While Ingenuity hovered, the camera on the bottom aimed straight down captured this image of its shadow. Imagine looking straight down from the height of a basketball hoop. The fast shutter speed froze the positions of the two counter-rotating rotor blades spinning at about 2500 rpm. The 4 legs of the copter are visible.

UPDATE: Flight 2 and images taken by Ingenuity in this video.

UPDATE: Flight 3 starts at the lower left. Lift-off at 10 sec. Cruises off screen to the right. Returns to view at 49 sec and then to touchdown.

Perseverance Rover

Much of the excitement has settled now that Mars 2020 Perseverance Rover is safely on the surface of Mars after the 18 Feb 2021 landing. I gathered images and links to a collection of things I feel tell the story of this rover in a not too complicated way. The mission is very challenging. A primary goal is to find evidence that microbial life may have existed on the Martian surface in the past.

Perseverance is undergoing system checks for the many sophisticated tools it carries while imaging the surroundings. Scientists are eager to begin moving the rover across the ground and to test the helicopter Ingenuity it carried under the chassis.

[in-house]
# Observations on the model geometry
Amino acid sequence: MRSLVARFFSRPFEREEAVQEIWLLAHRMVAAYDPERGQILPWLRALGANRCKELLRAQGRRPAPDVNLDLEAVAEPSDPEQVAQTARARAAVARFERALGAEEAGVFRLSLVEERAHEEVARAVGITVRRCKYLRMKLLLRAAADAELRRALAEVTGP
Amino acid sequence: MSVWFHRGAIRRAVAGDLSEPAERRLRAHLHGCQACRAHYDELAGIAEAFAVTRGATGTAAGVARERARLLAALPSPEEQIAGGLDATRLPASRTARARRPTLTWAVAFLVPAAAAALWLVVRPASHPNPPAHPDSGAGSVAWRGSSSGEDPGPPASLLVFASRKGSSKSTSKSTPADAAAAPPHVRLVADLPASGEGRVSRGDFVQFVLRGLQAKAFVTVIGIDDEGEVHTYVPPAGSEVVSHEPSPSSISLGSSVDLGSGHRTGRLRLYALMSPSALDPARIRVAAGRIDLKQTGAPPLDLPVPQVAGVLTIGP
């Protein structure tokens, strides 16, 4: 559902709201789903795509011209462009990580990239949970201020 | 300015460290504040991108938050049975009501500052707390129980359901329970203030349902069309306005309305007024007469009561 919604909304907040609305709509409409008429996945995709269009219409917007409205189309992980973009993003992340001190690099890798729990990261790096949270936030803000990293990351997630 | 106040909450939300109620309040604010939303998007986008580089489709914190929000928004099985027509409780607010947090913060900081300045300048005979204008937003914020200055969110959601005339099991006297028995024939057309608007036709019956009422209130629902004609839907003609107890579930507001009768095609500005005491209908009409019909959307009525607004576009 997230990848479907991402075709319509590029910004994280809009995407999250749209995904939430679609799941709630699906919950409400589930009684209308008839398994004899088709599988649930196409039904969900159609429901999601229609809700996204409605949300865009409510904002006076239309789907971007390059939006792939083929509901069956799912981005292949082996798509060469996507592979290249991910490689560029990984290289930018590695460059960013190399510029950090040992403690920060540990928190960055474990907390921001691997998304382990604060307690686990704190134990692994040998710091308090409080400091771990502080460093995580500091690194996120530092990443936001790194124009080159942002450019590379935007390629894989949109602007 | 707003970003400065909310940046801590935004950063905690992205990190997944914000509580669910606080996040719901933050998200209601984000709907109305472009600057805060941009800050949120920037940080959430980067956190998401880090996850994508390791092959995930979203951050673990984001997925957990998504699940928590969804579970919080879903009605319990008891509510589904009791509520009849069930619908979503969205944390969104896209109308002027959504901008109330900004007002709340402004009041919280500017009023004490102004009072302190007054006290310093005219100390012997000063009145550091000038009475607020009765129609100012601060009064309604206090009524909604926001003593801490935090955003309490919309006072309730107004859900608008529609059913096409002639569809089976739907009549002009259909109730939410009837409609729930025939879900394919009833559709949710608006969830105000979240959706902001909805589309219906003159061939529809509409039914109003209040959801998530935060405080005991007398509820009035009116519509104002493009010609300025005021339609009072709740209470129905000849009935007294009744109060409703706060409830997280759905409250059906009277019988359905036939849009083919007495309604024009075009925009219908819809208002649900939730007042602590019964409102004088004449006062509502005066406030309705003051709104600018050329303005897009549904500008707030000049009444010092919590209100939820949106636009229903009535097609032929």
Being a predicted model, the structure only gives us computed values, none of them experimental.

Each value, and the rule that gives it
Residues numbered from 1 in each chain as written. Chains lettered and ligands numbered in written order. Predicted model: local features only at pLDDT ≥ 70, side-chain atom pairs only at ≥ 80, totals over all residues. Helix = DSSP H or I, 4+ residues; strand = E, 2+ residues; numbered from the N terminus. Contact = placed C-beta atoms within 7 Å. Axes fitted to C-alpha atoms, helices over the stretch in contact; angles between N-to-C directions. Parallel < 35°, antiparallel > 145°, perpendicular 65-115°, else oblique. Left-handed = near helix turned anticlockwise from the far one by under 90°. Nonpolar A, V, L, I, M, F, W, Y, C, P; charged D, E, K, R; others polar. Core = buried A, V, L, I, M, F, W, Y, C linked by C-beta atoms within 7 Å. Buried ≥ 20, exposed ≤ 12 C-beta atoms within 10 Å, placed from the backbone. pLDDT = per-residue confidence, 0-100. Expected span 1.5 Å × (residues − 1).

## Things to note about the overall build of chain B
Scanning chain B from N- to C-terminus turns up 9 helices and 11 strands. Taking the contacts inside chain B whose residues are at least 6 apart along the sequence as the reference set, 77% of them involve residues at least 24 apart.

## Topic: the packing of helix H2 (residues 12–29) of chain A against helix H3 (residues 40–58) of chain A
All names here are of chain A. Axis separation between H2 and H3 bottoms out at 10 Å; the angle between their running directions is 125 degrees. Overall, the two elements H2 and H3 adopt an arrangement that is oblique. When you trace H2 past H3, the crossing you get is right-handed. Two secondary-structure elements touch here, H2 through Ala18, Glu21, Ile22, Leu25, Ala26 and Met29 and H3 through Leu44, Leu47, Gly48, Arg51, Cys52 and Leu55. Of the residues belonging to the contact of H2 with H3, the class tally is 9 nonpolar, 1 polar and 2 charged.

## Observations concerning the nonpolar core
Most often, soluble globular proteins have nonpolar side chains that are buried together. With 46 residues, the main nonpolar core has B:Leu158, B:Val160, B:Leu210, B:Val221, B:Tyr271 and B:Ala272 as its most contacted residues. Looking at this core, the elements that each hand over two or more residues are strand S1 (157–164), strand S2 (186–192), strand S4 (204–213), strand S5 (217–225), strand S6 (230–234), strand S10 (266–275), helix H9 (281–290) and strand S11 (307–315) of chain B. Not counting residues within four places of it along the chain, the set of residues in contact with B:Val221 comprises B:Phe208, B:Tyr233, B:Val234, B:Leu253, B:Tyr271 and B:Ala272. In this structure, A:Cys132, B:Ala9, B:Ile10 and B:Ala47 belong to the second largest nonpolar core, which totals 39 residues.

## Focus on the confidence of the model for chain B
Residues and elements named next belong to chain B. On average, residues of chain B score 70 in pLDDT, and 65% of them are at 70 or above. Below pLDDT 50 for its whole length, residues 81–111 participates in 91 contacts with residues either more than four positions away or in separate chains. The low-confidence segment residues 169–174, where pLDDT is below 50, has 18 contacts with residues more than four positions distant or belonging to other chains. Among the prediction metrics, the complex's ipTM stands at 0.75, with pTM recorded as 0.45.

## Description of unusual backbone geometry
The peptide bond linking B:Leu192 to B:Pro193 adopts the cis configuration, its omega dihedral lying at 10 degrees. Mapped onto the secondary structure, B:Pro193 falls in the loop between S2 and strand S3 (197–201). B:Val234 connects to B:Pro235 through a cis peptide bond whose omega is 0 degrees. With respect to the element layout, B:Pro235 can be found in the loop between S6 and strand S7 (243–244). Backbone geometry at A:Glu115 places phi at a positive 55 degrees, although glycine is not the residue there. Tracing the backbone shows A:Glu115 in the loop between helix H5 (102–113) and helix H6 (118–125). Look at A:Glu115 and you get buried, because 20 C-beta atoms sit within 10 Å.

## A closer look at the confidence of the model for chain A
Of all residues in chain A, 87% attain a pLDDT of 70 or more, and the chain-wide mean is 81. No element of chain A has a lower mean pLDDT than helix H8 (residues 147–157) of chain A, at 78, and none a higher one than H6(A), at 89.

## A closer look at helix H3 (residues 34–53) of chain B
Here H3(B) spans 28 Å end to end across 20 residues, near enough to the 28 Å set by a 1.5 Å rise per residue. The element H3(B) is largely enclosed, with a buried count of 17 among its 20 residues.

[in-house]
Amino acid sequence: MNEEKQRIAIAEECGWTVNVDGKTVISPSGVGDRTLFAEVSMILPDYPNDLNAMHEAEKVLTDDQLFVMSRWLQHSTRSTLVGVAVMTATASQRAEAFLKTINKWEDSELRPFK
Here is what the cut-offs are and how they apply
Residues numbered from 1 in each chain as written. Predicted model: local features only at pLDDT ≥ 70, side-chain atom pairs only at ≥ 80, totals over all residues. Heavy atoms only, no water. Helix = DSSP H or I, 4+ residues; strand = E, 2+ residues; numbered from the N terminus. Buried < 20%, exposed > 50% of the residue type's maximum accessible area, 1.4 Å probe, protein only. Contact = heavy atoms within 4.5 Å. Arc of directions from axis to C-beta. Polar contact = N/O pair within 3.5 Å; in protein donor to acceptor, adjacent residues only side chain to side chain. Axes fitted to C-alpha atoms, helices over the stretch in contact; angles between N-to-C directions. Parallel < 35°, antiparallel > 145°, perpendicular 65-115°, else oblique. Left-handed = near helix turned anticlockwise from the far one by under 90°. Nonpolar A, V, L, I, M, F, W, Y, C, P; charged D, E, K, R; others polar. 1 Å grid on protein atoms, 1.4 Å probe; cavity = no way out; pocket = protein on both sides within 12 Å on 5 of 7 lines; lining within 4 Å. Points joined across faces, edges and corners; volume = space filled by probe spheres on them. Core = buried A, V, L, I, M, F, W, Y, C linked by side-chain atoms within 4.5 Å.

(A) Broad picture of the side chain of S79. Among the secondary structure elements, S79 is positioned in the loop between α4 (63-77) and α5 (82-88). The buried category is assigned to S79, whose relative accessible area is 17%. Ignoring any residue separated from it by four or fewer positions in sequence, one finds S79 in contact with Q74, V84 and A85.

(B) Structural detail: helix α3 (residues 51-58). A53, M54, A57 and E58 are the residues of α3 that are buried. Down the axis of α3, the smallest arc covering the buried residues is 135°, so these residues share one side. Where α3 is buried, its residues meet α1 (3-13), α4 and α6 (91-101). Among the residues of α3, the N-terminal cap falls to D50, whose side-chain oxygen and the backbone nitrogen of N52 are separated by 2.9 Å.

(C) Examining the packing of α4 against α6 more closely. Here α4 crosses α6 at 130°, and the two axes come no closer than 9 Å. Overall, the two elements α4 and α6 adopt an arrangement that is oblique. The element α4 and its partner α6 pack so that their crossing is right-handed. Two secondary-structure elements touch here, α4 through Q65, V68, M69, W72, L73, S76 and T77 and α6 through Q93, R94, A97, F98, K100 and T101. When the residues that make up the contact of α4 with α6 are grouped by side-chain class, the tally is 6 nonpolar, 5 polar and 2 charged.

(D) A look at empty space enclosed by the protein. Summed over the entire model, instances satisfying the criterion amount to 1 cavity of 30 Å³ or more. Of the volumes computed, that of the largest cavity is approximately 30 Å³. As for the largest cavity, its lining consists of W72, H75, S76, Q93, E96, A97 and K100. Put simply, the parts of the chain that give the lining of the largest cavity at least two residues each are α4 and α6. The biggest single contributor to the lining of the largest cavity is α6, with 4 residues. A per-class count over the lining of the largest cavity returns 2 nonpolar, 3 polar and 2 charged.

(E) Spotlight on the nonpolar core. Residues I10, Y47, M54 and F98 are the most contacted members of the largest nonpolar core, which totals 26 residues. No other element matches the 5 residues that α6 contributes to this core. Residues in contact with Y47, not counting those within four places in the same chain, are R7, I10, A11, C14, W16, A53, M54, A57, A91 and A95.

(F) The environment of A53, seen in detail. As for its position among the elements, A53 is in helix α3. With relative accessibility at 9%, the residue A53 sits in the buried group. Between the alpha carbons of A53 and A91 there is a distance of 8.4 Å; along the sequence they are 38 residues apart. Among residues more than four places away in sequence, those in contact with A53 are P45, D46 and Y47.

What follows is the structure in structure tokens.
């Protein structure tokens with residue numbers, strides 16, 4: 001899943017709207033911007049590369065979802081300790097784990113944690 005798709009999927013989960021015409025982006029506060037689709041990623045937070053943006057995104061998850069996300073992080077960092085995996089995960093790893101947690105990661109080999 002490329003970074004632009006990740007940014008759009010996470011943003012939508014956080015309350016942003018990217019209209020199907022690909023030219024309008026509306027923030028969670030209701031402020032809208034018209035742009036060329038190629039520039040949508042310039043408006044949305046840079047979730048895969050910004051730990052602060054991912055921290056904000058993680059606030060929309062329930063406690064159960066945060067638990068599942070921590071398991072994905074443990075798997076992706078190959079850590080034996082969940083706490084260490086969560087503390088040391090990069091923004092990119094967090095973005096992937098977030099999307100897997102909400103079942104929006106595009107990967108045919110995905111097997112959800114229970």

Touchdown in Jezero Crater

You might wonder where Perseverance landed and why is that place is important. Landing took place in Jezero Crater. The crater is about 49 km (30 mi) across. It is believed to have once been filled with water. This image shows a dried riverbed and delta of a water source that once flowed left-to-right and filled the crater. The colors are indicators of various types of mineral deposits and not actual colors. The rover landed in the lower right quadrant of this image just below the two side-by-side small craters on the flat plain and not far from the delta formation.

Ancient river delta into Jezero Crater | MRO | NASA